Species of nonnative reptiles breeding in Florida currently outnumber native species. This imbalance is illustrated by the fact that the four largest lizards breeding in Florida are from Africa, South America, Central America, and Mexico.
This fact sheet serves as a guide to several commonly confused species. The large lizards described here are invasive in south Florida, arriving through the pet trade. Tegus, monitors, and spiny-tailed iguanas are diet generalists and opportunistic feeders, consuming various native fruits, insects, small reptiles, and occasionally small mammals and birds. Tegus and monitors have an affinity for eggs, making them a threat to ground-nesting birds and reptiles, including threatened and endangered species such as American crocodiles, burrowing owls, shorebirds, and sea turtles. Green iguanas are a pest in suburban areas and may harm native plants and animals in natural areas, however their biggest threat is to infrastructure such as seawalls and levees, which they damage by burrowing into and under them. Preventing these lizards from spreading into vulnerable natural areas will save time and money down the road.
Use this guide to correctly identify large-bodied lizards and immediately report sightings of monitors and tegus to 888-IVE-GOT1. Because they are very widespread, green iguanas are not necessary to report. Additional information on removing nuisance iguanas from your property is included in this fact sheet.
Even if you are not sure what something is, it is important to take a photo of any suspicious-looking lizard and report it to https://www.eddmaps.org/florida/report/. Reporting helps managers understand existing threats and may even help prevent the establishment of a new invader.
Three tegu species have been found in south Florida. Argentine black and white tegus (Salvator merianae) are breeding in Miami-Dade County and Hillsborough County. Their core population is centered in Florida City and is spreading. Evidence suggests gold tegus (Tupinambis teguixin) are also reproducing in the wild in Miami-Dade County. Red tegus (Salvator rufescens) have been found in south Florida, but with no evidence of breeding. Tegus spend most of their time on land and are often observed on roadsides or disturbed areas.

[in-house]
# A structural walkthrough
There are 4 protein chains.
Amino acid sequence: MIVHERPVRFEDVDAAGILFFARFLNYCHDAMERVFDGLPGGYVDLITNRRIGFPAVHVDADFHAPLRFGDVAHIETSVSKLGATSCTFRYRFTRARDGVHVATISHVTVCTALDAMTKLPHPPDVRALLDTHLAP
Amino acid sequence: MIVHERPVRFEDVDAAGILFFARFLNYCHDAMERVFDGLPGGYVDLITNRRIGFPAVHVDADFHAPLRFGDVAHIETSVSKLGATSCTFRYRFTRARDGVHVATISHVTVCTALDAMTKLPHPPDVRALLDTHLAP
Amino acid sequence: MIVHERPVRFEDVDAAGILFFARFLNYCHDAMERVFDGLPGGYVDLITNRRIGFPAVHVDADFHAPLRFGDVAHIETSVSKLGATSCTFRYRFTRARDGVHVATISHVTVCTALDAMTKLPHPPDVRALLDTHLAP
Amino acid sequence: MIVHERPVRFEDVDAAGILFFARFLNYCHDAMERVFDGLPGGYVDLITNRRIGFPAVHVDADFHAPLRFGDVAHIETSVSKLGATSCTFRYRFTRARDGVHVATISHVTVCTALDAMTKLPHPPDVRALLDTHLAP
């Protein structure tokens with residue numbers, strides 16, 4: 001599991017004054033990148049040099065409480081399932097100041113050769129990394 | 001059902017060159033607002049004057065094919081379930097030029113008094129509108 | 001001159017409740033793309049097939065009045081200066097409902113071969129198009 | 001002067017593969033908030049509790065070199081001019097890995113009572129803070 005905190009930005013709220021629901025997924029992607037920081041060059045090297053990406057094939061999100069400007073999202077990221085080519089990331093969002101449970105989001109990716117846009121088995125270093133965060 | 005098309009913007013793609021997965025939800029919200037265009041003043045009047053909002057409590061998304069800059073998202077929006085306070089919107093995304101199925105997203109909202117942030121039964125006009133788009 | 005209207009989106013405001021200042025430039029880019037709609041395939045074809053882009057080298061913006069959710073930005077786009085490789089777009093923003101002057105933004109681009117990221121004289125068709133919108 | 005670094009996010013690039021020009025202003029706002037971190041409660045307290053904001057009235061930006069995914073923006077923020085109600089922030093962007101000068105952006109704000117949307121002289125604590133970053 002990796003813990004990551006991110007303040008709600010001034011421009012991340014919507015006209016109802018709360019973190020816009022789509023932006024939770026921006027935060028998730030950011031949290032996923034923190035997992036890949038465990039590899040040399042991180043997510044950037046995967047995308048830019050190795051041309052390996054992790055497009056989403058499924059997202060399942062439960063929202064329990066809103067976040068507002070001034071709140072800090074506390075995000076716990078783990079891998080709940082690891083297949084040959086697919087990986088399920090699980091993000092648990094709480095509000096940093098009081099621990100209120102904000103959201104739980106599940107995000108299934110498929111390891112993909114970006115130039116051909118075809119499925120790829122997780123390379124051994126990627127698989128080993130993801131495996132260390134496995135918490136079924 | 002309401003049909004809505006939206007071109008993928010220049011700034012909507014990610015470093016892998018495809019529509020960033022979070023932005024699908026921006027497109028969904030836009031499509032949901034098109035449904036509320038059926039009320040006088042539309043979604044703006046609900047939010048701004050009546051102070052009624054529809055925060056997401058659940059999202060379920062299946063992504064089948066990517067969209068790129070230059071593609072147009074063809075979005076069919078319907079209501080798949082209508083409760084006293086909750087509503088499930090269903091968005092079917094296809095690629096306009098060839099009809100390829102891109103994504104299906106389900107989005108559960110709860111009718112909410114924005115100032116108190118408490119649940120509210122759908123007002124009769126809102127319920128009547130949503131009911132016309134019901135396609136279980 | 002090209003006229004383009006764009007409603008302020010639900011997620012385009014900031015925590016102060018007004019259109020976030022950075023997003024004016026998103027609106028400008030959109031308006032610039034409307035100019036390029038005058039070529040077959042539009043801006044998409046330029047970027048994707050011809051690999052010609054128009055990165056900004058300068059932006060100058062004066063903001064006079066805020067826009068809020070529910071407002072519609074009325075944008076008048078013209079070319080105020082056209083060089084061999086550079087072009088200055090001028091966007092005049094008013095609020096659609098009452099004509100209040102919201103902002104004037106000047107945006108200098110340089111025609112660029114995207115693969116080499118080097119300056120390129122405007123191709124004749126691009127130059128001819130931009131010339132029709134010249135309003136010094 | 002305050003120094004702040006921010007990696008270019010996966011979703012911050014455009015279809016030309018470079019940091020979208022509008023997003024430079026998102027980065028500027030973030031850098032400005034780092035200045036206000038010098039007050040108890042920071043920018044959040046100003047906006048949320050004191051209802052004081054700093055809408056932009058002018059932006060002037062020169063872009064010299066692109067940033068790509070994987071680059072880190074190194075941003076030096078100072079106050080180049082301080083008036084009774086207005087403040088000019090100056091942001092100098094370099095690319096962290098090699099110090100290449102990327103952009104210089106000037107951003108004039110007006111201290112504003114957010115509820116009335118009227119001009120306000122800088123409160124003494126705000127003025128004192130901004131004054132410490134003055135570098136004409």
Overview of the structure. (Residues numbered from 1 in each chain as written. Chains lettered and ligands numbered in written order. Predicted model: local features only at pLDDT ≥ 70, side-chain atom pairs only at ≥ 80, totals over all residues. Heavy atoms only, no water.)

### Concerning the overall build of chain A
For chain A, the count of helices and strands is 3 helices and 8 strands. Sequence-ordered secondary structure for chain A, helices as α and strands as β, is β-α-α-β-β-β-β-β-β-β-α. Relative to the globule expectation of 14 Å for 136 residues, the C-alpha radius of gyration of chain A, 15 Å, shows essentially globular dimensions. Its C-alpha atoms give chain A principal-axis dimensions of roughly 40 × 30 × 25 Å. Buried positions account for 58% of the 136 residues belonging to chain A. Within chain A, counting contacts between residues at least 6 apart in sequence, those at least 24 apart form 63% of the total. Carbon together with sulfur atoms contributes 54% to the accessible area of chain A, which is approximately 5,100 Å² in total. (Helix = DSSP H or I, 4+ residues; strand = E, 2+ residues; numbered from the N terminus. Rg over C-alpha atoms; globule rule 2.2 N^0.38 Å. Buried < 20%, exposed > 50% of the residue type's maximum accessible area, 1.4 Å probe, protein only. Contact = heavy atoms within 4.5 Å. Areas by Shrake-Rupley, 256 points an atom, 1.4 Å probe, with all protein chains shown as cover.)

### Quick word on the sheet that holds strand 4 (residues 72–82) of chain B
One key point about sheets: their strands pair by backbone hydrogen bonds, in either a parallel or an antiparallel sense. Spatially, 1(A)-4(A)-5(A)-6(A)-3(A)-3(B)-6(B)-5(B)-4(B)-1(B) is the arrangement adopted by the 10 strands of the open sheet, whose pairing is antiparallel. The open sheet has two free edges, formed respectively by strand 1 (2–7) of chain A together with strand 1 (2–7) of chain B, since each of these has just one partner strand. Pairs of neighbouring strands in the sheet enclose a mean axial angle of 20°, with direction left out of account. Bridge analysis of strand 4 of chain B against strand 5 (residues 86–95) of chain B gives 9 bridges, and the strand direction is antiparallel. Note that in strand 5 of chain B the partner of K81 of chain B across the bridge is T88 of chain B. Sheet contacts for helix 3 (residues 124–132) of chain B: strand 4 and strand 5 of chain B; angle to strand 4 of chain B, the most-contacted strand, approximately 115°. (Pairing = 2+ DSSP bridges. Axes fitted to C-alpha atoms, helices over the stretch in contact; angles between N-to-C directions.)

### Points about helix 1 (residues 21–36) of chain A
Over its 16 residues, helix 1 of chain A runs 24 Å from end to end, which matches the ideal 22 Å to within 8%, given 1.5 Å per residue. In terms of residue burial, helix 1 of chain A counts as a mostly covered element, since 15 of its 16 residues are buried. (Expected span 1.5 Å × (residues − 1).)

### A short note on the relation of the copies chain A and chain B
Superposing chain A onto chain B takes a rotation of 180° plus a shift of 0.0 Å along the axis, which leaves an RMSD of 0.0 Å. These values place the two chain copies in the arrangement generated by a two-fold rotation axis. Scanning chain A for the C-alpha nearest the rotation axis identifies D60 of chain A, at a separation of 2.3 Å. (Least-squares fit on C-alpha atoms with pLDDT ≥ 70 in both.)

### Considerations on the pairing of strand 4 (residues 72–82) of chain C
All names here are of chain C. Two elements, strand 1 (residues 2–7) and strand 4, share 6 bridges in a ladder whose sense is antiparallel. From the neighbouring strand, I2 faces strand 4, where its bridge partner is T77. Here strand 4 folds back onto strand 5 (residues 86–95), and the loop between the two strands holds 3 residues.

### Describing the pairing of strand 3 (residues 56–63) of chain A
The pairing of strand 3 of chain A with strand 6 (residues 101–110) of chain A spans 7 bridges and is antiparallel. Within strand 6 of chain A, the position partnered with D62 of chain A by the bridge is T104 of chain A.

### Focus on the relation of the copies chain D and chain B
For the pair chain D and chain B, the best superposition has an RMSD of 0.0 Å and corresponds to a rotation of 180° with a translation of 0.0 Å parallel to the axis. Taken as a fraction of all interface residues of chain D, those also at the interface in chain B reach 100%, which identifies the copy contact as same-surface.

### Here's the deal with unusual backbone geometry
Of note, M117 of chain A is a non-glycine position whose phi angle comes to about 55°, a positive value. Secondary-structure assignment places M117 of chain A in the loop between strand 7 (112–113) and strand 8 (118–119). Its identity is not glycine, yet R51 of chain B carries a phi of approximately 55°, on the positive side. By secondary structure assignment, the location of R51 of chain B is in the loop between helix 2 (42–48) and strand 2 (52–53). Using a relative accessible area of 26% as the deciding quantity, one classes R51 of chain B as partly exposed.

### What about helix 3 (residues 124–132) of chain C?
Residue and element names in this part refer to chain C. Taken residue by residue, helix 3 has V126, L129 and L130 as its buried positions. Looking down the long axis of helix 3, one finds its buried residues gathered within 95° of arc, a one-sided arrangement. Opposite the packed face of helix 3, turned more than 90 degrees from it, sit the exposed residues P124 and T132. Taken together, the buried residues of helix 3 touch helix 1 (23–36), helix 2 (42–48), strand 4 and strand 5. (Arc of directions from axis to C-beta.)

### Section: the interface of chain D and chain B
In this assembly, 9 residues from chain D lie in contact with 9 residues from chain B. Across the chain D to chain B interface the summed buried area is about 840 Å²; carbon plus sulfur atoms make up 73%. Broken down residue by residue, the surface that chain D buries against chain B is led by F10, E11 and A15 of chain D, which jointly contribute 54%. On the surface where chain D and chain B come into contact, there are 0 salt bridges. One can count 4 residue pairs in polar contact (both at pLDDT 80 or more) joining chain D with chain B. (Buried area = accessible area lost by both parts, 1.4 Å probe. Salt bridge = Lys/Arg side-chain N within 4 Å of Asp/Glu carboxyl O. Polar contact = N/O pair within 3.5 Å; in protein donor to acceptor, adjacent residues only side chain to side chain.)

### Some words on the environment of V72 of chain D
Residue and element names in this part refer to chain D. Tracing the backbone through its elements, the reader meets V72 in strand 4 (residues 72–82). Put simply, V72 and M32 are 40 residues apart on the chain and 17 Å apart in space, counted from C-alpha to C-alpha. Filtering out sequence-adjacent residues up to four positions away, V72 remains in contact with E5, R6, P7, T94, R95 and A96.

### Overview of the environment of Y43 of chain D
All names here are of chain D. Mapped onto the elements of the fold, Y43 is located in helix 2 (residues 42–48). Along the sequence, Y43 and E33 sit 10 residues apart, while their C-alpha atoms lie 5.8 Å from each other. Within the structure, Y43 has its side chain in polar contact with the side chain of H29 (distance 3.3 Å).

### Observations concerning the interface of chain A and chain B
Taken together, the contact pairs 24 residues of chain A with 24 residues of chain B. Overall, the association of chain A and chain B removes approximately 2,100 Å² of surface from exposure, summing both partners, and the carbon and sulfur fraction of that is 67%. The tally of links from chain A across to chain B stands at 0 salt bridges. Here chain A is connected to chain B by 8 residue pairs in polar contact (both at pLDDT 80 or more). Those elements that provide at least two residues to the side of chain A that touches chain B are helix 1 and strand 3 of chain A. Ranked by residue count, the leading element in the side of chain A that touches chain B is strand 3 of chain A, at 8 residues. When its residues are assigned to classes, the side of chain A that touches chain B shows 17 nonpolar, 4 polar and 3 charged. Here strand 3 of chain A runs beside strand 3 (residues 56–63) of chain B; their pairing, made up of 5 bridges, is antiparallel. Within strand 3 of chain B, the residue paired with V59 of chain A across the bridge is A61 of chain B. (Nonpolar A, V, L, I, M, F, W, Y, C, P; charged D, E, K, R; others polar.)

Several species of monitor lizards have been found in south Florida. Nile monitors (Varanus niloticus) have localized breeding populations in Palm Beach and Lee counties and are often reported in Miami-Dade and Broward counties. Other species, such as the Asian water monitor (Varanus salvator) and savannah monitor (Varanus exanthematicus) have been found in south Florida but are not known to be breeding. These semi-aquatic lizards prefer to be near water, like the C-51 canal in Palm Beach County. Their long, rudder-like tails and sharp claws enable them to traverse both wet and dry habitat with ease.
Green iguanas (Iguana iguana) are the most widely established large nonnative lizards in Florida. Two other iguana species can be found in several populations throughout Florida: black spiny-tailed (Ctenosaura similis) and Mexican spiny-tailed iguanas (Ctenosaura pectinata). Iguanas are often confused with monitors and tegus due to their large size. They are frequently observed in rocky habitat and along canals or in urban areas. While green iguanas prefer to eat fruits and vegetation, spiny-tailed iguanas tend to be omnivorous, posing more of an immediate threat to native wildlife.
How to Report
Report sightings of monitors and tegus:
Take a photo
Note the location
Call 888-IVE-GOT-1 or report online at Ivegot1.org
For information on removing nuisance iguanas from your property, visit: https://edis.ifas.ufl.edu/in528
For additional information on invasive species and reporting, visit: Evergladescisma.org
For More Information Contact
Frank J. Mazzotti
UF/IFAS Fort Lauderdale Research & Education Center
3205 College Ave., Davie, FL 33314